Asian Carp and the threat they pose to the Great Lakes has been in and out of the news for some time now, and has just recently been spotlighted by a new report prepared by the US Army Corps of Engineers (Army Corps). “Asian carp are fast-growing, aggressive and adaptable fish that are outcompeting native fish species for food and habitat in much of the mid-section of the United States.1”
“The U.S. Army Corps of Engineers (Corps) submitted to Congress the Great Lakes and Mississippi River Inter-basin Study (GLMRIS) Report Jan. 6, 2014….The report contains eight alternatives, each with concept-level design and cost information, and evaluates the potential of these alternatives to prevent, to the maximum extent possible, the spread of 13 ANS, to include Asian carp...” 2 The Army Corps, during the Month of January 2014, is in process of hosting public meetings in Chicago, Cleveland, Ann Arbor, Traverse City, St. Paul, St. Louis and Milwaukee to discuss the options available and allow for public comment. Since all of the options offered require extensive funding, there needs to be public support for any plan put into action.
The Chicago Area Waterway (CAW) system has been the main topic of conversation regarding the threat of Asian Carp entering the Great Lakes. In this new report, the Army Corps identifies 18 other possibilities for passage of Asian Carp and other species into the waterways. One passage where preventive measures are needed is known as Eagle March, near Fort Wayne, Indiana.
Eagle Marsh is at the headwaters of the Wabash River, which is part of the Mississippi River Basin, and the Maumee River, which is part of the Great Lakes Basin. During flood events, water depths in Eagle Marsh range from 2 feet deep to 10 feet deep. These events last from just days or up to a month, and can occur multiple times during any given year. These events allow for a clear passage for Asian Carp and other species between the two basins.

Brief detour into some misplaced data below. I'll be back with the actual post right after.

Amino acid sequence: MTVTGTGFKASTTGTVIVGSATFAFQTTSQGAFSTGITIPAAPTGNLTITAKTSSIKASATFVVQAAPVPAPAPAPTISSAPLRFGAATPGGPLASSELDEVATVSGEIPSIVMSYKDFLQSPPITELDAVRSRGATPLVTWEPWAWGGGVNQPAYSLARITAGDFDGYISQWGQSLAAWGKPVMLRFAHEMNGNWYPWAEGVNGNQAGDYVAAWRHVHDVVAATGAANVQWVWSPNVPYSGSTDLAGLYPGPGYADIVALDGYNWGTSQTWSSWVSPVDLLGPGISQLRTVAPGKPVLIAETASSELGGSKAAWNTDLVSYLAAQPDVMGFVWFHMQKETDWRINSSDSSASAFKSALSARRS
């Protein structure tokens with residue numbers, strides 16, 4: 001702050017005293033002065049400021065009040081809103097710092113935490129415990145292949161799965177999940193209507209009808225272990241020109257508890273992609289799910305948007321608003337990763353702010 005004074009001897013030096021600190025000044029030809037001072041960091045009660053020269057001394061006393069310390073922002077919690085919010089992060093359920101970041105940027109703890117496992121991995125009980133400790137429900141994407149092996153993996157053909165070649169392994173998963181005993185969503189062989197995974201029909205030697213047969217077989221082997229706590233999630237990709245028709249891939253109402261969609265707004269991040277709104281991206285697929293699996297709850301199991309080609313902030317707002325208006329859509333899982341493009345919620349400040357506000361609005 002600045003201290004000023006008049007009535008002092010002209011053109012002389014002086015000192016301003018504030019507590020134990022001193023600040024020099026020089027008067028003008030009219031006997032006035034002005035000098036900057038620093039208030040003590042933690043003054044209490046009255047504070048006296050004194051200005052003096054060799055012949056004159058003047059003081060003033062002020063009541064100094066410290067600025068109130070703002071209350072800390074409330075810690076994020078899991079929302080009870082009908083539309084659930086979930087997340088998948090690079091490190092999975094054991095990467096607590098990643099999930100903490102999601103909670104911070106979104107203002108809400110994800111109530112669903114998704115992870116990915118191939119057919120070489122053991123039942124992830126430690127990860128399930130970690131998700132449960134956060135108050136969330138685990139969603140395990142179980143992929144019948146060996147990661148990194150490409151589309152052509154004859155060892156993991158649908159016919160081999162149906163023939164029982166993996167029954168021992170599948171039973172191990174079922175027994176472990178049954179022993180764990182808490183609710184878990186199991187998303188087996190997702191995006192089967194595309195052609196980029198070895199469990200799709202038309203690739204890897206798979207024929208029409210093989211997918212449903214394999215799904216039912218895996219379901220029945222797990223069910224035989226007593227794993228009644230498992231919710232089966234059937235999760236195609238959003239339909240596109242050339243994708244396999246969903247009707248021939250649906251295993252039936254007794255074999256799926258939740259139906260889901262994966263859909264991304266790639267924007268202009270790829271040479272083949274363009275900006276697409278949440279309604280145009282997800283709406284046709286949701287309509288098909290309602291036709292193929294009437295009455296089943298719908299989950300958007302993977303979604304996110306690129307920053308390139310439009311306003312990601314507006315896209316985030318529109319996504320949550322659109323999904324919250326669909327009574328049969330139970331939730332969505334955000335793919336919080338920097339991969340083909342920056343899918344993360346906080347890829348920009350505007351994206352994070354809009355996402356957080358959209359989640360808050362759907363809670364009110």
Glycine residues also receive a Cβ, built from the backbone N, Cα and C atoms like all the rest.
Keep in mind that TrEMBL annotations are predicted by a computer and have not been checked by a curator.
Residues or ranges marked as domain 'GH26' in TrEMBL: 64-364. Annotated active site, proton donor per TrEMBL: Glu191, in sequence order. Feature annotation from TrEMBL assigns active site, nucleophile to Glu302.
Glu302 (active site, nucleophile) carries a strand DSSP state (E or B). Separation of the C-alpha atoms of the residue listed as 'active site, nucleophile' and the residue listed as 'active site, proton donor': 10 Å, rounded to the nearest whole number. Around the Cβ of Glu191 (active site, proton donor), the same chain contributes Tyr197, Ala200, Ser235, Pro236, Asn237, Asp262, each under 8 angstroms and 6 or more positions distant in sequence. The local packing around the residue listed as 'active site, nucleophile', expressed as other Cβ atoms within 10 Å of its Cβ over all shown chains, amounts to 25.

Several species of Asian Carp are known to be present in the Wabash River, and are within 25-70 miles of Eagle Marsh. To reach Eagle Marsh, the fish would need to enter Little River and then a series of ditches. Upon reaching Eagle Marsh, the free passage to the Great Lakes (Erie) via the Maumee River can occur. To date, there is no certain evidence that the fish have reached Little River. There is no evidence of Asian Carp in Eagle Marsh either; however there is evidence of common carp, which have made successful passage for decades.
Several projects are currently in place or in the design phase to prevent passage of these invasive and destructive fish from our waterways. Currently a temporary chain link fence has been installed between the two basins and is meant to prevent larger fish from gaining free passage. Other possibilities for implementation include structural barriers, chemical treatments, biological controls and physical fish removal.
Our waterways are an important resource to be protected. At MeritCorp Group, LLC we want to help our clients make informed decisions and provide information needed to create eco-friendly developments focused on the best use of natural resources. Some of our services include Flood Control, Stormwater Management, Erosion Control, and Drainage. For a complete list of the services we offer please see our website.
Please feel free to contact our office with any questions or for more information on the services we provide.
- by James Meier, PE, PLS, CFM
- by James Meier, PE, PLS, CFM
1. National Wildlife Federation website: http://www.nwf.org/Wildlife/Threats-to-Wildlife/Invasive-Species/Asian-Carp.aspx
2. Army Corps of Engineers Report www.glmris.anl.gov